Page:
Good Life

State College Photography Club shines light on hobby

‘Cinderella’

  by Sami Sharkey

 Top left: “Our 1-year-old granddaughter was just toddling around and found a seat just her height. I took a burst of photos since she is always in motion and this one had the least amount of motion. I particularly like the reflection in the glass.”

 ‘Dingle Ruins’ 

 by E.S. Phillips

 Right: “Ruins along the coast of Ireland’s “Ring of Dingle”

 ‘Log Cabin Window’ 

 by D.J. Anderson

 Above: This is a photo of a window in a log cabin at Callaway Gardens in Pine Mountain, Ga.

 ‘Not My Rose’ 

 by Linda Hale 

 Left: “Image of a young woman fighting a serious illness. Her strength, faith and determination are admirable.”

 ‘Supper’ by James Valent

 Below right: “Certainly not recommended, I took this photo while driving alongside the fox with my wife holding onto the steering wheel from her passenger seat — crazy tourist! In the rush, I didn’t realize what the fox was carrying until later when I realized the number of ground squirrels harvested. ...I would have loved to have seen how this was received at her den. The image was taken in the northwest area of Yellowstone National Park close to sunset.”
‘Cinderella’ by Sami Sharkey Top left: “Our 1-year-old granddaughter was just toddling around and found a seat just her height. I took a burst of photos since she is always in motion and this one had the least amount of motion. I particularly like the reflection in the glass.” ‘Dingle Ruins’ by E.S. Phillips Right: “Ruins along the coast of Ireland’s “Ring of Dingle” ‘Log Cabin Window’ by D.J. Anderson Above: This is a photo of a window in a log cabin at Callaway Gardens in Pine Mountain, Ga. ‘Not My Rose’ by Linda Hale Left: “Image of a young woman fighting a serious illness. Her strength, faith and determination are admirable.” ‘Supper’ by James Valent Below right: “Certainly not recommended, I took this photo while driving alongside the fox with my wife holding onto the steering wheel from her passenger seat — crazy tourist! In the rush, I didn’t realize what the fox was carrying until later when I realized the number of ground squirrels harvested. ...I would have loved to have seen how this was received at her den. The image was taken in the northwest area of Yellowstone National Park close to sunset.” Photo provided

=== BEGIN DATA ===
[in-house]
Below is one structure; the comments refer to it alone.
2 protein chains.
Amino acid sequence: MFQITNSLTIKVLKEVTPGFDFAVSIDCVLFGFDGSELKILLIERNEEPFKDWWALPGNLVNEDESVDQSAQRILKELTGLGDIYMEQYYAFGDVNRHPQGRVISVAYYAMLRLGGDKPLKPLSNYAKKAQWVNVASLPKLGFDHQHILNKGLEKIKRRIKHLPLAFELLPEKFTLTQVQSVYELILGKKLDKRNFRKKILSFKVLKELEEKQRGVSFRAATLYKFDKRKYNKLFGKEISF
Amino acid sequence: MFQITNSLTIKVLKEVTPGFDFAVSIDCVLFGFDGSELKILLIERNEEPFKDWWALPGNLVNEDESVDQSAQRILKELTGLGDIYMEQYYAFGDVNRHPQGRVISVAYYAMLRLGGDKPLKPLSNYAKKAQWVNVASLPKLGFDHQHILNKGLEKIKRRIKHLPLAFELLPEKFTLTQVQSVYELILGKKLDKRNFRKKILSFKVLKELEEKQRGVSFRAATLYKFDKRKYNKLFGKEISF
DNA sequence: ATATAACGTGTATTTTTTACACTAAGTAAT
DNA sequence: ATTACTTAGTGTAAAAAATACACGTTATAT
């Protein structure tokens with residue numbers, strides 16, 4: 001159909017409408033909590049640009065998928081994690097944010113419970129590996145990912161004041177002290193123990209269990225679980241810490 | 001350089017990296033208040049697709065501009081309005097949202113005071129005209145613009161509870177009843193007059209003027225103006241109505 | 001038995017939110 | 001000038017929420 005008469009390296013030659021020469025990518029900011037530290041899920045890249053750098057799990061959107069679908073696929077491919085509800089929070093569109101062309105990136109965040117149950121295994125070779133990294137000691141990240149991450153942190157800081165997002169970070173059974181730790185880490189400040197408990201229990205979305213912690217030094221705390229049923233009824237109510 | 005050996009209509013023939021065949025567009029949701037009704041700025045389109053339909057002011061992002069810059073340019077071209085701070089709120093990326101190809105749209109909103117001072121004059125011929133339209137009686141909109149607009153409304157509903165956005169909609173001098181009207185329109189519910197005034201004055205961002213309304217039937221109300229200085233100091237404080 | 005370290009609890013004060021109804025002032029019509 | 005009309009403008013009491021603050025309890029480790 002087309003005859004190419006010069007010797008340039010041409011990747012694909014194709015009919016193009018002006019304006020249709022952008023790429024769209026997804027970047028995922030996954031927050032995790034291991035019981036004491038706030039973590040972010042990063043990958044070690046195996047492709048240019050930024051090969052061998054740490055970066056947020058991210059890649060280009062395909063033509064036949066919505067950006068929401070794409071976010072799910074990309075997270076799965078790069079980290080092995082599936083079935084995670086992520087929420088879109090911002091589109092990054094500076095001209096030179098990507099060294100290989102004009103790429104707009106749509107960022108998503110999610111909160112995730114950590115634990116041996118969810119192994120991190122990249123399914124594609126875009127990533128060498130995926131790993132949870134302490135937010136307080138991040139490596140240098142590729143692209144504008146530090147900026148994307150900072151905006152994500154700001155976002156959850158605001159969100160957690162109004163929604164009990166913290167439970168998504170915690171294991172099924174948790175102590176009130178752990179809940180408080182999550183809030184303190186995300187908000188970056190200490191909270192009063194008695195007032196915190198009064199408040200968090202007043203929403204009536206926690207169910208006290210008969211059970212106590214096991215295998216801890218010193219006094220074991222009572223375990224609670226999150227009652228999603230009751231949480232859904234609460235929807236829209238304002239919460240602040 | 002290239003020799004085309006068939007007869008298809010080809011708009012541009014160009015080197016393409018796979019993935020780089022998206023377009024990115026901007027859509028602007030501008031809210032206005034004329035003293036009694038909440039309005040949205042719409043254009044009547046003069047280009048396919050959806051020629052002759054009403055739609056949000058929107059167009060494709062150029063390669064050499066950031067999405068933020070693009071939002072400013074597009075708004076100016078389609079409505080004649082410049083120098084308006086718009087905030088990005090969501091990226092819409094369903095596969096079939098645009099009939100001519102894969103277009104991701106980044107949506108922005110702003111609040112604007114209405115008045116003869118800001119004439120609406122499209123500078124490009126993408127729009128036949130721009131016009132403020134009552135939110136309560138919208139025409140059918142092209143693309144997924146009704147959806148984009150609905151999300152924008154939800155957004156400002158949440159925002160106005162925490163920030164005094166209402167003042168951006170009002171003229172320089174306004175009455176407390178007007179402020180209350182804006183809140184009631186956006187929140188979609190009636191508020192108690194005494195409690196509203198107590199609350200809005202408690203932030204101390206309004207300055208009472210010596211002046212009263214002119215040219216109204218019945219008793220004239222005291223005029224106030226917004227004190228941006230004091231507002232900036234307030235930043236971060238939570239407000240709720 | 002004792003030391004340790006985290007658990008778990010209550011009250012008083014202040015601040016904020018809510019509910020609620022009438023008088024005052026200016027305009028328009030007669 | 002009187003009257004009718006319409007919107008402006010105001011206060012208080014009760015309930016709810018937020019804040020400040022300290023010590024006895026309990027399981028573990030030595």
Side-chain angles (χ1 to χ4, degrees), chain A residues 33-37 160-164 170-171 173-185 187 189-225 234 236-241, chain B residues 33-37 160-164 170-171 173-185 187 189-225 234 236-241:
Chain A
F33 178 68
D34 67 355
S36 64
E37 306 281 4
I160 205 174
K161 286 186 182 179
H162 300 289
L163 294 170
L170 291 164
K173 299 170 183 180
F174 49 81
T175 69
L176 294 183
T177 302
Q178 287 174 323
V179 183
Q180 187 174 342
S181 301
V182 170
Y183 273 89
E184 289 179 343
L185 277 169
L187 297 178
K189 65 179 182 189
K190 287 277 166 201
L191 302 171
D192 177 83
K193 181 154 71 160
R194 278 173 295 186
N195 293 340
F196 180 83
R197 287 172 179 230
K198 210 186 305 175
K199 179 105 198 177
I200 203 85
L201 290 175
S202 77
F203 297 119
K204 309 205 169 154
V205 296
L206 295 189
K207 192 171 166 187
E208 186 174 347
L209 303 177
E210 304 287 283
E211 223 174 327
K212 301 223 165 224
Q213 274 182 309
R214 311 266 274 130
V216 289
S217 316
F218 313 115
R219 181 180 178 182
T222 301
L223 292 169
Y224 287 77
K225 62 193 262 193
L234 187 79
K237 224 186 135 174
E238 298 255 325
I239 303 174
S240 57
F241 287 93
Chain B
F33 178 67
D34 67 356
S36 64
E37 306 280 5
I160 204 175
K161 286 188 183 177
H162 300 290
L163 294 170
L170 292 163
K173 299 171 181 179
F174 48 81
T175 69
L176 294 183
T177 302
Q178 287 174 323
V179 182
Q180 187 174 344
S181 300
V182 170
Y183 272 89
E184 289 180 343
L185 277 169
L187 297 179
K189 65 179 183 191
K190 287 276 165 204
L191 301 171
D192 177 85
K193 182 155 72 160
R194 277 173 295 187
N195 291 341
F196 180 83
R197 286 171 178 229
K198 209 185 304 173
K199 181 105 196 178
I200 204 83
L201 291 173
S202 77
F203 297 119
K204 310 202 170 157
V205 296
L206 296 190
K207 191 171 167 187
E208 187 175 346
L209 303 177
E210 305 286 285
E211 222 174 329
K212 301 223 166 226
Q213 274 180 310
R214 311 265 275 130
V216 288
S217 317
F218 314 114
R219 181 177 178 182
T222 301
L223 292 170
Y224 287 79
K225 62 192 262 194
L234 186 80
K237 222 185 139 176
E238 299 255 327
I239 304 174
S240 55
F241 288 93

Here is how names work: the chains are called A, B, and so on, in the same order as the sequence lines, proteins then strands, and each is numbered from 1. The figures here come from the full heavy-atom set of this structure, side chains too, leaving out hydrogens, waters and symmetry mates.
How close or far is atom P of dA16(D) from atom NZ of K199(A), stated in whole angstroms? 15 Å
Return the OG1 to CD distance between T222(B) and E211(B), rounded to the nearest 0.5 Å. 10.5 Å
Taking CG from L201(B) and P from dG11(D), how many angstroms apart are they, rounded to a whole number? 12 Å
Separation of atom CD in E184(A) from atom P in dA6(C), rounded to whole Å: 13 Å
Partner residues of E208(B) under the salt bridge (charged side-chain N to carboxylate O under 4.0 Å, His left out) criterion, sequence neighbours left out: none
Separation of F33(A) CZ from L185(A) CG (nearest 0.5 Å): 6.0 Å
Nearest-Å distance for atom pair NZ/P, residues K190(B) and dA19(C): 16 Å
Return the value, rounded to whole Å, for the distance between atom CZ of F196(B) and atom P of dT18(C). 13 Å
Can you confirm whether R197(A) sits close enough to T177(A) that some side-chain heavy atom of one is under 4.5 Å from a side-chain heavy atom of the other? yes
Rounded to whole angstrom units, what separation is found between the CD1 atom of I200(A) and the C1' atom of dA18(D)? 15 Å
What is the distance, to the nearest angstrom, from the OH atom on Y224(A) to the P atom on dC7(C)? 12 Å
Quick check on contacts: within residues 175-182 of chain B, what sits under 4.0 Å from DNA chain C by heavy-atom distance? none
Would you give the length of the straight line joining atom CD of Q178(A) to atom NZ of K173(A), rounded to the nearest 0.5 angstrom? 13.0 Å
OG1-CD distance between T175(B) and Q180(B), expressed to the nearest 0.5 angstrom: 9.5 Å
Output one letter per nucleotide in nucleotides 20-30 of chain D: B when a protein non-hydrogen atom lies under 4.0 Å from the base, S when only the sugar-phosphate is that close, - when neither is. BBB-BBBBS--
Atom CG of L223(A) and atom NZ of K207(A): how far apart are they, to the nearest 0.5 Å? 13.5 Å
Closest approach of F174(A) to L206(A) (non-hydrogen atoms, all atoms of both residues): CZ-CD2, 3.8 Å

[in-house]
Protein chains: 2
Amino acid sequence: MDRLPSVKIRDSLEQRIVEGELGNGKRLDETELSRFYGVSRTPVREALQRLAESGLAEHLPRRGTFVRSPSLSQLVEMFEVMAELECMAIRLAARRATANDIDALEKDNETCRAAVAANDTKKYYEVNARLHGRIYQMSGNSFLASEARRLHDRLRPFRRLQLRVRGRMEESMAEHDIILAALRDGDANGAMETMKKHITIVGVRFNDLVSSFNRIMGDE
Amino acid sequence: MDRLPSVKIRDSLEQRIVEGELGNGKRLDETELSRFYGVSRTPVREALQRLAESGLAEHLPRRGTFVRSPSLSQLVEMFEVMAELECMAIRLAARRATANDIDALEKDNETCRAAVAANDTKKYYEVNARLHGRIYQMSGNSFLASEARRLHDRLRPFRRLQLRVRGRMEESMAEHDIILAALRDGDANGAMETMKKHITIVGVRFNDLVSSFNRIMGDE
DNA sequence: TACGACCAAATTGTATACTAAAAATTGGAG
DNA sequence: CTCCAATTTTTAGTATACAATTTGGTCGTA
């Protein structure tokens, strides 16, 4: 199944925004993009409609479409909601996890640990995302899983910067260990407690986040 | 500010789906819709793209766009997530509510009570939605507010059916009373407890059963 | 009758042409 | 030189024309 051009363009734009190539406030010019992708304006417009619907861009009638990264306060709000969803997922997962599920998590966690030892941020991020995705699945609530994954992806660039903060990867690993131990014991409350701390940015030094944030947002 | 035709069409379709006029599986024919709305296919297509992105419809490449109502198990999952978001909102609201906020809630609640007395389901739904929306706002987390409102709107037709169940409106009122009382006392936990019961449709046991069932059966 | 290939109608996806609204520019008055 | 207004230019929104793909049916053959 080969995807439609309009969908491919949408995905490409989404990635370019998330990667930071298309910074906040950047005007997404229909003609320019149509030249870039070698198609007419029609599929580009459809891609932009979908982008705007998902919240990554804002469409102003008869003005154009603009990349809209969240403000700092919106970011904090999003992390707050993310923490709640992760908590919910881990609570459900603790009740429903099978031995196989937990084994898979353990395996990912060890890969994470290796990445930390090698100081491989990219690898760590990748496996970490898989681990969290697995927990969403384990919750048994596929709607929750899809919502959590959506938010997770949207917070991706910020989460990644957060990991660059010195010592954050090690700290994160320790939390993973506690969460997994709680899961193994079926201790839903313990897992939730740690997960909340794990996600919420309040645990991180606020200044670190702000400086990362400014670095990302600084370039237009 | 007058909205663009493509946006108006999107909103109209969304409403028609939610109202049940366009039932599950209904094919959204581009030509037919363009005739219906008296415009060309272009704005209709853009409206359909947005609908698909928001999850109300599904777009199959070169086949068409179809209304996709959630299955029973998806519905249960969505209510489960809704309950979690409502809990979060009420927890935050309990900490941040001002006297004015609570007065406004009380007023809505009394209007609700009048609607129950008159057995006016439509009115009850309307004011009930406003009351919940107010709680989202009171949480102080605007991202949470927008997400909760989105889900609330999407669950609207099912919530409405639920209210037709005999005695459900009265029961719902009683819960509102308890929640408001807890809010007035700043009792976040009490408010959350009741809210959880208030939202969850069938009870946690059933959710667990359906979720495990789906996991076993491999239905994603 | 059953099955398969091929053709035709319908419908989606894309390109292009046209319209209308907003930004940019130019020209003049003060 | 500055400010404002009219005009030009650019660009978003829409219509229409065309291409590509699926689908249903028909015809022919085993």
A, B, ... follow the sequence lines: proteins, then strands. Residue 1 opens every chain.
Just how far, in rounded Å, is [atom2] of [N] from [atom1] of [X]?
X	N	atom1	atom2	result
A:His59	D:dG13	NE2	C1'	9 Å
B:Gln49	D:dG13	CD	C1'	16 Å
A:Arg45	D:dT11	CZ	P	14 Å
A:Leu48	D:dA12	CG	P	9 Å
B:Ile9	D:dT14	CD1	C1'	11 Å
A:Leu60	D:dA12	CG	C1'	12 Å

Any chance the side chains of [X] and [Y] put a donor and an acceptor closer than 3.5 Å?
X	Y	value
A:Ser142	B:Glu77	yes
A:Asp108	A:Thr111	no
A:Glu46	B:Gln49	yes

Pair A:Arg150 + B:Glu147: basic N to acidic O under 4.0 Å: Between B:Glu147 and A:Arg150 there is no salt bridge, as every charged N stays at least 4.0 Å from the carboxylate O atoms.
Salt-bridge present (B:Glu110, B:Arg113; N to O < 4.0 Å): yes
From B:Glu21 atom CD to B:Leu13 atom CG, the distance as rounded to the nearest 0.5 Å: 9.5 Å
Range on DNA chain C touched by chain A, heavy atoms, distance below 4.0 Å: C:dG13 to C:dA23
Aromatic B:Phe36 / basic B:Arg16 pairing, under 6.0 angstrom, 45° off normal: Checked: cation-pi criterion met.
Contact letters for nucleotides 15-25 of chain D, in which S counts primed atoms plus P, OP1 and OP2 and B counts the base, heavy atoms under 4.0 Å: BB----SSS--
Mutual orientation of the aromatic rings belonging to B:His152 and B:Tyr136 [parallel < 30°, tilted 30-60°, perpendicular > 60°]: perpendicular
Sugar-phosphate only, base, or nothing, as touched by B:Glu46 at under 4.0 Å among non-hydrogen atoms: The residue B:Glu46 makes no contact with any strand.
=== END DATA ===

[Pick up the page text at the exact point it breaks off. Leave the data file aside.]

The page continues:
Photography has always been a popular hobby, whether film or digital, landscape or portrait, and if you’ve been bitten by the shutter bug, there’s a local community of like-minded photo enthusiasts to share your passion.

The State College Photography Club has been around for decades and welcomes all who are interested in pursuing photography.

“The club is open to anyone interested in photography — film, slide, digital or video. Any and all media interests are welcome, as well as all skill levels from novice to expert,” said Kathy Smith, the club’s president. “If you have an interest in photography, we encourage you to come to learn and share.”

Learning and sharing seem to be the two words that best describe the club. Meetings are typically separated into two parts. The first part is generally focused on group discussions that run the gamut of topics.

“We spend the first part of the meeting working in groups on images, offering suggestions for improvement, or we could have a speaker in to talk about photo editing or ways to improve shooting skills or how to market your work and how best to preserve it and frame it,” Smith said. “Photo topics to improve your skills are endless.”

The second part of each meeting is dedicated to friendly competition. Each month, members can submit two photos in each of two categories, with the categories changing monthly. The photos are then judged, usually by visiting professionals, who give feedback about how to improve the work.

“I find that simply viewing the amazing works submitted by my fellow club members and hearing the judges’ insightful critiques helps me to become a better photographer,” Co-vice President Elizabeth Pennock said.

Sharing their work with others is not restricted to just club members. Many of the members have had their photographs published in a variety of local and worldwide venues.

The club also offers workshops and informational sessions throughout the year. Past workshops have included a black-and-white photography workshop, a macro-photography workshop and a session on photo editing using Adobe Photoshop.

Some of the upcoming meeting topics include a session next meeting on working with problem photos in which members will get advice on how to improve on work that poses particular challenges, and a session in November in which members will discuss their likes and dislikes about the equipment they use in their own work.

“Photography is one of the fields where there is always something more to learn, especially in this digital age where technology and tools are rapidly changing,” publicity manager Carolyn Todd said. “Meeting other photographers and gaining exposure to their work and ideas about photography is both fun and helpful. We’re a friendly group and we always welcome new members and new ideas.”

Meetings are held on the third Monday of each month at the Foxdale Village auditorium in State College and start at 7 p.m. More information on the club, including monthly events and competitions, can be found at www.state collegephotoclub.org.

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